Steve Casimiro’s Digital Photography Tips: Four Ways to Protect Your Photos

By West Coast Editor Steve Casimiro

Losing your camera stinks, losing your photos is heartbreaking.

When Santiago, Chile’s professional soccer team won its big championship at home last spring, the bad boy futbol fans went wild. There was rioting. There was tear gas. In the melee and confusion and crowds that spilled into the downtown plazas, someone unzipped my friend Lisa’s purse and stole her point-and-shoot camera. And it wasn’t just her camera, but the photos of her 21st birthday and a week of adventure in the Patagonian outback (as seen in the photo above). Fortunately, there were three other cameras on the trip, but still: Every picture she shot was lost forever.

When it comes to digital photography, don’t wait for something to go wrong. Memory cards are cheap, and it’s easy to buy the biggest one and store all your photos on it. Even a 1 GB card can stash hundreds of snapshots. But don’t do it. Cards corrupt themselves, get lost, are stolen. I’ve had four simply die and who knows how many I’ve lost. When I’m shooting a story, I use 2 GB Compact Flash cards even though my camera can take much bigger ones; that allows 120 pictures per card and reduces my loss if something goes wrong. The extra work swapping and storing cards is nothing compared to the cost of losing irreplaceable pictures.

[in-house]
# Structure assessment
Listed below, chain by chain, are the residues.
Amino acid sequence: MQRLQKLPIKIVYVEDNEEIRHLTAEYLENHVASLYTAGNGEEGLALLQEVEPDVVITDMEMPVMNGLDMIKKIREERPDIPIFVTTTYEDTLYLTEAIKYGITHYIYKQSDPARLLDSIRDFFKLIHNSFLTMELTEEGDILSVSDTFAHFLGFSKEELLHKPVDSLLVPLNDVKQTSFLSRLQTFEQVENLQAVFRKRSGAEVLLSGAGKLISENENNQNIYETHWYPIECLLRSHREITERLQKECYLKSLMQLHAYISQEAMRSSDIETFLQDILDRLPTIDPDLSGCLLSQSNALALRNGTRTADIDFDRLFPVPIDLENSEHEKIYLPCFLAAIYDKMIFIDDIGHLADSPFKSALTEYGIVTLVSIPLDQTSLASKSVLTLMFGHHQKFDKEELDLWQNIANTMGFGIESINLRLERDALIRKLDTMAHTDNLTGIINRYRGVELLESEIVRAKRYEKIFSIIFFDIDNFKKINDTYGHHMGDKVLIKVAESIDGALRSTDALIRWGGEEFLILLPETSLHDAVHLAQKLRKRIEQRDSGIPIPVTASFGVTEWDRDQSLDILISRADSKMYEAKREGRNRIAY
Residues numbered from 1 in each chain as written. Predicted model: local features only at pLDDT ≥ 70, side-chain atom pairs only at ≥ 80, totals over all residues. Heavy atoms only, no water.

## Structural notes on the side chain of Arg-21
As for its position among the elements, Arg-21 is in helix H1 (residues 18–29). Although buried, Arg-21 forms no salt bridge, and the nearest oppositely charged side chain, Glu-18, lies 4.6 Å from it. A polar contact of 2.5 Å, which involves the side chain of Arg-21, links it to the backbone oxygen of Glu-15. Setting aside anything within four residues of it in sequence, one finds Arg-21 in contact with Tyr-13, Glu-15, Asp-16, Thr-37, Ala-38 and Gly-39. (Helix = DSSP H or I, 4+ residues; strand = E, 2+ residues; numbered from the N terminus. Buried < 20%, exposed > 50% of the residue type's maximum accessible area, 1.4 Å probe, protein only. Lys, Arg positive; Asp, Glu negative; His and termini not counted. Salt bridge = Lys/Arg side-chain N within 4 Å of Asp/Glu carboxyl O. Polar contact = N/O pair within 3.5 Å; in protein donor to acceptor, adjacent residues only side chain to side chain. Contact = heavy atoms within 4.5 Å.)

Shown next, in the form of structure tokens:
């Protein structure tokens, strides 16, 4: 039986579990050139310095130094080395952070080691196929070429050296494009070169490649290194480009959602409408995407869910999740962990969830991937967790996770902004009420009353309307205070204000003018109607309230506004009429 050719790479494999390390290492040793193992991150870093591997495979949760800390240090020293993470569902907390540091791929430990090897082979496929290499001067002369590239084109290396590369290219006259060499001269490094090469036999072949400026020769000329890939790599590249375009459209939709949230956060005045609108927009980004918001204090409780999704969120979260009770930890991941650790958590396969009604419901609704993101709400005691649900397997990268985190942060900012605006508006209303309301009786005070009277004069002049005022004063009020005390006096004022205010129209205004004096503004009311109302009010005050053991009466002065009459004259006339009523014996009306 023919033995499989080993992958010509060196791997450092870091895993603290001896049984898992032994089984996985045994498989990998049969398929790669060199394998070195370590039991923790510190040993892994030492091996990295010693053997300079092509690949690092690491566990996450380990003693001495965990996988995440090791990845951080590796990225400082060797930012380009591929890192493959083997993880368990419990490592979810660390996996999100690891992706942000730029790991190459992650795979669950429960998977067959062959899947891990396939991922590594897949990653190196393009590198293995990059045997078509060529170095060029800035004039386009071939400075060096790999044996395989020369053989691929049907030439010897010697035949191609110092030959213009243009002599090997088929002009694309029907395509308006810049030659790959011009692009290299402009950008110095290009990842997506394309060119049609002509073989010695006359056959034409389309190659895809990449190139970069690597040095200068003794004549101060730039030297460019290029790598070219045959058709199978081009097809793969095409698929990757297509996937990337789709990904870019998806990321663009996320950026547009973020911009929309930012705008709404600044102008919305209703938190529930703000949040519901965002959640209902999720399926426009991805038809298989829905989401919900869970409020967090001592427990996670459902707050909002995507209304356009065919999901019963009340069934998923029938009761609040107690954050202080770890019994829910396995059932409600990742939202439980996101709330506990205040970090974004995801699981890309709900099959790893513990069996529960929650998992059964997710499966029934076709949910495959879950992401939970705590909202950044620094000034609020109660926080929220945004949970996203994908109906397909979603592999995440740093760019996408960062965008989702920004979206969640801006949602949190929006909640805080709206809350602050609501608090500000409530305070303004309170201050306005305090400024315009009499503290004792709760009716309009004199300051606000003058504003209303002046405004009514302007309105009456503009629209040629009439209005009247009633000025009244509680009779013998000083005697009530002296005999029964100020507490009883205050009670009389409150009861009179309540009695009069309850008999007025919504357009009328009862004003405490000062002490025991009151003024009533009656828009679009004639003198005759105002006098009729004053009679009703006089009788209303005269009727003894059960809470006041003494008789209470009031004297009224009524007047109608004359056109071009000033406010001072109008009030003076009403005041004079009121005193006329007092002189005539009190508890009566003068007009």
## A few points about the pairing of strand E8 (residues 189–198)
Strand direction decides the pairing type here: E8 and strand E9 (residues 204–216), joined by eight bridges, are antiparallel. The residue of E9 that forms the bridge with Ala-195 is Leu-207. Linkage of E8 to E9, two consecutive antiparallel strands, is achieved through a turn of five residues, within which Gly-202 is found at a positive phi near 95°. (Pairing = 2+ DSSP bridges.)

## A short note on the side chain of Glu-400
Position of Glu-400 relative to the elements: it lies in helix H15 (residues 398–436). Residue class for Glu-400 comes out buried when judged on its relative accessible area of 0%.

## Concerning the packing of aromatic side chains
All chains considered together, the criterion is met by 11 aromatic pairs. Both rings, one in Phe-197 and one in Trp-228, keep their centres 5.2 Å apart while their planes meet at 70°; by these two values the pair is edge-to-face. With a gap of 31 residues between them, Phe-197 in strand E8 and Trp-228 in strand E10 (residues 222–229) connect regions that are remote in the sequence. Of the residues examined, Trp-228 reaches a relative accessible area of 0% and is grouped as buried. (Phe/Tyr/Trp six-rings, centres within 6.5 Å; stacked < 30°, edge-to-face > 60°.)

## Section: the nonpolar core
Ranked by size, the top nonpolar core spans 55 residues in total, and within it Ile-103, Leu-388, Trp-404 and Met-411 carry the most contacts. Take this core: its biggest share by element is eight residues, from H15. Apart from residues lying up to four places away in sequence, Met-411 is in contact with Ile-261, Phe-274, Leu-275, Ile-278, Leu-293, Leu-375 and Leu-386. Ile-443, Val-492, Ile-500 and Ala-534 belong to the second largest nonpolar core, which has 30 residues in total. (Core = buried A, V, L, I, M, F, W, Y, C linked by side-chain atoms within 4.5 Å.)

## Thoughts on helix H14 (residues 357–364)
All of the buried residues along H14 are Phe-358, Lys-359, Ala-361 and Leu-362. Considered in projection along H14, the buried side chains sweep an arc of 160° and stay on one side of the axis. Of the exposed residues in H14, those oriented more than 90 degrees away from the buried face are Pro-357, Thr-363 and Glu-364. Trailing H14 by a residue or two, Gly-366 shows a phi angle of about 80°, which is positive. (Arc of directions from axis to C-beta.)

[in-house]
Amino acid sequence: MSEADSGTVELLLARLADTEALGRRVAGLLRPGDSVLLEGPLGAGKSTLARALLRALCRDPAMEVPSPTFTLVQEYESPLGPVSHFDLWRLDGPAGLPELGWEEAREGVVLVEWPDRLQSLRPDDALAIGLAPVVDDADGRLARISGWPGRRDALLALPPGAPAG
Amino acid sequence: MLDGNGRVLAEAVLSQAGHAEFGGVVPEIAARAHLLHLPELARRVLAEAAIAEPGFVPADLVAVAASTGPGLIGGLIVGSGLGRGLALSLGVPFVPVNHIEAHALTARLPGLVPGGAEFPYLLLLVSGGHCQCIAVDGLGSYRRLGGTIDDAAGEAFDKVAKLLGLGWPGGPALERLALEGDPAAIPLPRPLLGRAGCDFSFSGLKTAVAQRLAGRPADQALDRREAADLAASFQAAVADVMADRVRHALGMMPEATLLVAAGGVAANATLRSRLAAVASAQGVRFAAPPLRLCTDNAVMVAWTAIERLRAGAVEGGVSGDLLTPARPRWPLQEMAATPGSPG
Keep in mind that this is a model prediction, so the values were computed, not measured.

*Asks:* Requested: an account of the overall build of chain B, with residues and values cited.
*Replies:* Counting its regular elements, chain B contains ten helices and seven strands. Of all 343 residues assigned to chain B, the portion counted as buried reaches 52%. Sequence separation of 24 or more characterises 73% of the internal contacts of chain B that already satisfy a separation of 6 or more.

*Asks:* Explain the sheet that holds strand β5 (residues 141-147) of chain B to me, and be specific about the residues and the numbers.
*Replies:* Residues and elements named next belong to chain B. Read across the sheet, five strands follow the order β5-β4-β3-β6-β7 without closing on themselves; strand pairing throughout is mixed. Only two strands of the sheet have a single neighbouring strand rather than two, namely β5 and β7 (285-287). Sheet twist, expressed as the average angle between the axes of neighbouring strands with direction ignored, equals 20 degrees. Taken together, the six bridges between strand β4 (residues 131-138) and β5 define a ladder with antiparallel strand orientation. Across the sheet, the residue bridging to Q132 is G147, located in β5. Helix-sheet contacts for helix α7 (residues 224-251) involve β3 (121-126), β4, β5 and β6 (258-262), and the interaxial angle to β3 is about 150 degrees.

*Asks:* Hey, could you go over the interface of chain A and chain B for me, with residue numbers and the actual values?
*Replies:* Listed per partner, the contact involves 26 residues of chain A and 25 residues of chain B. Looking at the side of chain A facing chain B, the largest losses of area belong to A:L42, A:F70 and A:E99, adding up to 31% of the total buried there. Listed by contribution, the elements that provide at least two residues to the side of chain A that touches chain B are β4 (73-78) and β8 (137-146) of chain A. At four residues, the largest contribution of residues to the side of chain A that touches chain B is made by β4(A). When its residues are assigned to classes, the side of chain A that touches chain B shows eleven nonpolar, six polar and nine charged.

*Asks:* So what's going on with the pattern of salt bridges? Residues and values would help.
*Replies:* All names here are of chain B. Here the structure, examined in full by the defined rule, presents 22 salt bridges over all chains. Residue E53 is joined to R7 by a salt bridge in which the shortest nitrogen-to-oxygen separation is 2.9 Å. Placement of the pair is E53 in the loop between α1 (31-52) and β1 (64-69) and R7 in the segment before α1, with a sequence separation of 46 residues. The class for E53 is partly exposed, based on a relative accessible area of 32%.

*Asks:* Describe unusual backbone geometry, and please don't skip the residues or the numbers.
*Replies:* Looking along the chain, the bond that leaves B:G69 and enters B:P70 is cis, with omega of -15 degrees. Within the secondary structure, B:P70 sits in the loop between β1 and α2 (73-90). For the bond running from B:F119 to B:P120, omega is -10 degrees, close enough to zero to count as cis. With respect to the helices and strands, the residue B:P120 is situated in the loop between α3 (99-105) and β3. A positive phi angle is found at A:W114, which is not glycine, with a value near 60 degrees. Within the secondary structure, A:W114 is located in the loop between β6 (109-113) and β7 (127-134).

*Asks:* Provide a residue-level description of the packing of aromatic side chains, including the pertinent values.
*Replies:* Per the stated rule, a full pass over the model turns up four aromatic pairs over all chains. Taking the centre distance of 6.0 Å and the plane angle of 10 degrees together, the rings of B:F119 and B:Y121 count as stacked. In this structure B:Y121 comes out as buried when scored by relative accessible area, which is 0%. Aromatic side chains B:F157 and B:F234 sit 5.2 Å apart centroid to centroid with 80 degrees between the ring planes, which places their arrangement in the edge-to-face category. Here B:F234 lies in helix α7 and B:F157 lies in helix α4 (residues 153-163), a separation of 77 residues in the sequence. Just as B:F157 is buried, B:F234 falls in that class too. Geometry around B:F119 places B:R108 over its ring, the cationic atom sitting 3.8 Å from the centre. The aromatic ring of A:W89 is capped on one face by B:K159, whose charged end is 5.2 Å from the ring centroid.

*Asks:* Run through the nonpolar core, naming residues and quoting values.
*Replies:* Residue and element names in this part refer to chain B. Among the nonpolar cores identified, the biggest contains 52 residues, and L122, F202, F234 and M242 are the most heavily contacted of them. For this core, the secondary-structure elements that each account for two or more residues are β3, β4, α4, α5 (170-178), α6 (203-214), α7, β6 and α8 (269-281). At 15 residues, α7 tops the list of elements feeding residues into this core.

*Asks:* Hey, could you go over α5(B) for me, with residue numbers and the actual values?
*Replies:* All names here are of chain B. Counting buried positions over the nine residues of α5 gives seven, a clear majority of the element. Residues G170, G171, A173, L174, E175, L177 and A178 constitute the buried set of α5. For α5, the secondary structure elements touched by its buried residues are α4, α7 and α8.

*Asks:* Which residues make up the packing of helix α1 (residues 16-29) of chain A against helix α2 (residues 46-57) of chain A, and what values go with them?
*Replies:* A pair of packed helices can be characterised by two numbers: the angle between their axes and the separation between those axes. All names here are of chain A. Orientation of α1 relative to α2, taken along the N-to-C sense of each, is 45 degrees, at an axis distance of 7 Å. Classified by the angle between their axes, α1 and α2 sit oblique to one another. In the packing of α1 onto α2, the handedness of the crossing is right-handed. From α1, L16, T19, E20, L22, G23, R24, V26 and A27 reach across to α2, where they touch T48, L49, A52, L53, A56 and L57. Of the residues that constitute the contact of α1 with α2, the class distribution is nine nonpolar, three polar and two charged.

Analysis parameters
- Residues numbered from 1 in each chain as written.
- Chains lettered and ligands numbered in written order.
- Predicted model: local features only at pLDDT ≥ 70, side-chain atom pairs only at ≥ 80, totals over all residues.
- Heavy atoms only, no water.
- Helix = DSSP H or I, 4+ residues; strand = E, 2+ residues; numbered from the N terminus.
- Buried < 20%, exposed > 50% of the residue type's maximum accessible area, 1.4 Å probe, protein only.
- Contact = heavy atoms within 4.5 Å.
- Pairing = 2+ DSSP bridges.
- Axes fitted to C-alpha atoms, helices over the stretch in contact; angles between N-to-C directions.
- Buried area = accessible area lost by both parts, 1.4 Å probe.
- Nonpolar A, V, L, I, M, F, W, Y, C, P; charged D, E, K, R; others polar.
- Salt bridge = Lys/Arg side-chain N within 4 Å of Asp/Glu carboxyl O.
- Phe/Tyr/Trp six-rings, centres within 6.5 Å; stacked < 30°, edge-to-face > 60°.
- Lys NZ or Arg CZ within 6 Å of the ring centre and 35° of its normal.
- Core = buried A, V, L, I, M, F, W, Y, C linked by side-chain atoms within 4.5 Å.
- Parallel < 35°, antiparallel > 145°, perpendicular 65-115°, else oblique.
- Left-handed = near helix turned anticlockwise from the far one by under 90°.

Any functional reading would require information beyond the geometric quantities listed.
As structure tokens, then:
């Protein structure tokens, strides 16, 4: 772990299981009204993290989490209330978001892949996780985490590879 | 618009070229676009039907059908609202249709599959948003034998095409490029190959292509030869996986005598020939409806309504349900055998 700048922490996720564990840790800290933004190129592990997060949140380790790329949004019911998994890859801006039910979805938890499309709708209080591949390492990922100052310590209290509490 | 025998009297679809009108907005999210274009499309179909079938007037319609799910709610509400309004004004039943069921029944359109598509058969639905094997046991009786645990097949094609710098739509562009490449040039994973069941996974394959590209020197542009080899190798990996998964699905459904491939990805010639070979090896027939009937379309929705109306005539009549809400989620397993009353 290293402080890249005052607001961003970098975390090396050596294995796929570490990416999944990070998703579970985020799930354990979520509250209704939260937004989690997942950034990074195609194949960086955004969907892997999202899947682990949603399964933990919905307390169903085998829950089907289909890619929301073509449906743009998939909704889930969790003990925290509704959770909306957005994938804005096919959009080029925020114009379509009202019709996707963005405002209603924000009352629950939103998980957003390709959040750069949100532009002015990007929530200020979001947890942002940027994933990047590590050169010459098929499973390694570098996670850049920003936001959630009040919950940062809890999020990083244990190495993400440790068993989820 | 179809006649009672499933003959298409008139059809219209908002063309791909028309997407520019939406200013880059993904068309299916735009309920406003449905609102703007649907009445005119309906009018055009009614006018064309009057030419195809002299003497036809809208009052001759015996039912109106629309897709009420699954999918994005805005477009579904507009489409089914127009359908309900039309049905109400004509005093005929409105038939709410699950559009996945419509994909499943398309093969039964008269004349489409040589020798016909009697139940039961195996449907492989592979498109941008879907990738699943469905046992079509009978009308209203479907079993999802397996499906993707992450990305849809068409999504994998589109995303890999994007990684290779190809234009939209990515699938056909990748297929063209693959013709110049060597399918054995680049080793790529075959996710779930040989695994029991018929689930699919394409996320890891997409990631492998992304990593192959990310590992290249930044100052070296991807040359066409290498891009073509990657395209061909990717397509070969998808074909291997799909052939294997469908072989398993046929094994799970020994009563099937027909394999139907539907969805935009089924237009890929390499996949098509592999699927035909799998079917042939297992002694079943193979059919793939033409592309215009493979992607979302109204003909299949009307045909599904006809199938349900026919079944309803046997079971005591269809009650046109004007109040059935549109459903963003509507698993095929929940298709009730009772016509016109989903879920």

Here are four simple, yet essential digital photography guidelines:

1. Shoot the biggest file size and highest resolution your camera allows. You can always shrink the pics without losing quality, but you can’t make them larger.

2. If you’re carrying a laptop, transfer your photos to its hard drive every night, then delete them from the card.

3. If you don’t have a laptop with you, try not to keep more than 25 percent of your pictures on a single card.

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4. Have a dedicated wallet or container for storing the cards. Those suckers are teeny. My favorite is the Pee Wee Pixel Rocket from Think Tank Photo ($13.50). It carries four larger CF cards and three smaller SD cards.

See more photos and shooting tips from Patagonia >>

Photography by Steve Casimiro

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